Health policies must be based on evidence-based facts to have significant impacts on population health. This discussion analyses the proposed COVID-19 Health Care Worker Protection Act of 2020. This policy required the Occupational Safety and Health Administration (OSHA) to protect health workers from exposure to the coronavirus that causes the occurrence of COVID-19. The policy was expected to protect healthcare workers and other workers considered to be at high risk for SAR-CoV-2 exposure (Congress.gov, 2020). The policy would ensure protection for healthcare workers in the private and public sectors. The policy would not only provide a temporary standard for the protection of workers during the COVID-19 epidemic but also provide a permanent measure for the long-term protection of healthcare providers from COVID-19.
The main socio-determinant of health influencing the policy is the physical environment of healthcare workers. According to Razvi et al. (2020), healthcare workers have a high COVID-19 infection because they are constantly exposed to patients with the infection. The disease can easily spread from one individual to another through behaviors such as sneezing, coughing, touching contaminated surfaces, being in crowded environments, and poor hand hygiene. While they are in their line of work, they are likely to get contact with the coronavirus in one way or another hence predisposing them to the serious effects of the disease and even death. The fact that healthcare workers spend a lot of time working in a high-risk environment with biohazard exposure increases their chances of contracting the disease at higher rates compared to the general population. For that reason, the healthcare providers ‘physical environment largely influenced the policy and measures must be put in place as recommended by the COVID-19 Health Care Worker Protection Act of 2020 to protect the healthcare workers population.
There is sufficient evidence base to support the proposed policy. Razvi et al.(2020) explored the extent of exposure of hospital-based healthcare workers to COVID-19.It was found that the percentage of healthcare workers who tested positive for the coronavirus was significantly higher (19.4%) than the general population (6.8%). The healthcare workers (HCWs) without direct patient management roles also had a high positivity rate of the virus(12.3%) compared to the general population. For that reason, it was recommended that all HCWs should be provided with adequate personal protection equipment (PPEs) to protect them from contracting the virus while on their line of duty. Atnafie et al. (2021) also acknowledged that frontline healthcare workers are directly exposed to the COVID-19 pandemic and hence are highly exposed to its infection. Poor COVID-19 prevention measures among HCWs could lead to increased exposure to the disease, delayed identification, and treatment of the disease hence a rapid spread of the disease to the HCWs. It was also found that there was poor adherence to PPEs among the HCWs and aseptic healthcare practices among the HCWs. Atnafie et al. (2021) recommended the implementation of sustainable and effective measures to protect high-risk HCWs from COVID-19 infection. Although the proposed Health Care Worker Protection Act of 2020 was not passed into law, it had a sufficient evidence base indicating the significant exposure of HCWs to COVID-19 compared to the general population hence the need to put in place standard measures to protect them from the virus both in the short-term and in the long-term.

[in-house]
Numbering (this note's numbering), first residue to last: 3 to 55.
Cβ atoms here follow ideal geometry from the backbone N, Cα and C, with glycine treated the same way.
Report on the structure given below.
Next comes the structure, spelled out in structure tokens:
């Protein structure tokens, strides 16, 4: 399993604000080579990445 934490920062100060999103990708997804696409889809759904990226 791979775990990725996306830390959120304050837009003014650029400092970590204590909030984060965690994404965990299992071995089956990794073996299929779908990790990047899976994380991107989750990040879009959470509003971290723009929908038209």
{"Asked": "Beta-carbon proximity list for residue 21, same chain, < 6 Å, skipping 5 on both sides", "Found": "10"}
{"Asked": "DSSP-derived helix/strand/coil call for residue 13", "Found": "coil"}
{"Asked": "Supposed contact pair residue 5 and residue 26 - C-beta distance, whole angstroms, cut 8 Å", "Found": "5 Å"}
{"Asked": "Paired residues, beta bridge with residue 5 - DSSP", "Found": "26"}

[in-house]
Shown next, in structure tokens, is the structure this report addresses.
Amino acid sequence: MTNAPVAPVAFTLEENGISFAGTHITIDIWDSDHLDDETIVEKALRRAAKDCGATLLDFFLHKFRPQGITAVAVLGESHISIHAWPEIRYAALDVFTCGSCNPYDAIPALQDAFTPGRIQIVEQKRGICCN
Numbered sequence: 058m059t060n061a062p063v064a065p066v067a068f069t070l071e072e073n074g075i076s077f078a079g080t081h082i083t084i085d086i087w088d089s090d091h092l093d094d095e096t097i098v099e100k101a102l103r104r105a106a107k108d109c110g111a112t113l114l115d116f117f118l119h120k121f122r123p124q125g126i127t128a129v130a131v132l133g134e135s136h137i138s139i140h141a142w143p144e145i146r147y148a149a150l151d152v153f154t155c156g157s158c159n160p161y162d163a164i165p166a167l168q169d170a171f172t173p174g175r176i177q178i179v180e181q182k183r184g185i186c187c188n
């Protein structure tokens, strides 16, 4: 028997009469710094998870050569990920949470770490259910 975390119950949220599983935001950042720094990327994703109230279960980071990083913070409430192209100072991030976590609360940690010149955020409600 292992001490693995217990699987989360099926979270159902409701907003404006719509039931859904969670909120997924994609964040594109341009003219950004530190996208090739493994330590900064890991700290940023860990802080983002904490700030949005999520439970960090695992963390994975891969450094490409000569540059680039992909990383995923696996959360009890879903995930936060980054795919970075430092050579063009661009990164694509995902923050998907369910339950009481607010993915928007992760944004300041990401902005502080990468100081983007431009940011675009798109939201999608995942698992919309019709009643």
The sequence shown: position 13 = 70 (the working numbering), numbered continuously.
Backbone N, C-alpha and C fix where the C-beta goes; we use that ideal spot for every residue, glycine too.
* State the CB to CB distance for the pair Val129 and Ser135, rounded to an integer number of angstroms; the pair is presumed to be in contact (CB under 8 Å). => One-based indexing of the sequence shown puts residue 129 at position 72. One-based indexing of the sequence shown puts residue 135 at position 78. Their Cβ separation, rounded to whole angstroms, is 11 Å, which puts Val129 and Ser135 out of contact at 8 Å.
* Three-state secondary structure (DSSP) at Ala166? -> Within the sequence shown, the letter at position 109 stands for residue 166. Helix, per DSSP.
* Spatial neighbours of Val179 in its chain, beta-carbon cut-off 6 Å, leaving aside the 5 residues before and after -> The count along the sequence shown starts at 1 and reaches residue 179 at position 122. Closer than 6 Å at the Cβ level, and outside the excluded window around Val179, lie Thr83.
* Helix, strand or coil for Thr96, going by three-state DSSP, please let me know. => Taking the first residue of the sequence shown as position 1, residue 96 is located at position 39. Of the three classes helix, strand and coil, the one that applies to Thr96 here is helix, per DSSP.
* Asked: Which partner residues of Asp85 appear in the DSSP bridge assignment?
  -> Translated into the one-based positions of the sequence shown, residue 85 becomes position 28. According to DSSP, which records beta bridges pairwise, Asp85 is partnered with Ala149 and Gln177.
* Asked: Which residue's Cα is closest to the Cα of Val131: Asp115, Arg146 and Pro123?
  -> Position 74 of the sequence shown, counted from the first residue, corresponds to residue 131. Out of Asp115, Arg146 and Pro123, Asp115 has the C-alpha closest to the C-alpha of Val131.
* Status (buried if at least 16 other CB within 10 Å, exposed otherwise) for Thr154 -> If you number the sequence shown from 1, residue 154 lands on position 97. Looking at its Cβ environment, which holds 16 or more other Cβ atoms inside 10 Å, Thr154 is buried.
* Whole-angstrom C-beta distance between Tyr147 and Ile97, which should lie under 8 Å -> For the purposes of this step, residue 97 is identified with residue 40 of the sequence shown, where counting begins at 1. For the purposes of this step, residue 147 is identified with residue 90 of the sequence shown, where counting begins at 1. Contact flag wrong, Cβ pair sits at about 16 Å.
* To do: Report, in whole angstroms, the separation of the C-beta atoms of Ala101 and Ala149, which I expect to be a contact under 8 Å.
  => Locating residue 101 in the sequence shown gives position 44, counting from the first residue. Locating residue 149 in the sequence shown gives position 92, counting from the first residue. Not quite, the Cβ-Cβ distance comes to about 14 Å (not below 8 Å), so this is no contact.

Atnafie, S. A., Anteneh, D. A., Yimenu, D. K., & Kifle, Z. D. (2021). Assessment of exposure risks to COVID-19 among frontline health care workers in Amhara Region, Ethiopia: A cross-sectional survey. Plos one, 16(4), e0251000.
Congress.gov. (2020). Legislation. All Information (Except Text) for H.R.6139 – COVID–19 Health Care Worker Protection Act of 2020. https://www.congress.gov/bill/116th- congress/house-bill/6139/all-info
Razvi, S., Oliver, R., Moore, J., & Beeby, A. (2020). Exposure of hospital healthcare workers to the novel coronavirus (SARS-CoV-2). Clinical Medicine, 20(6), e238.
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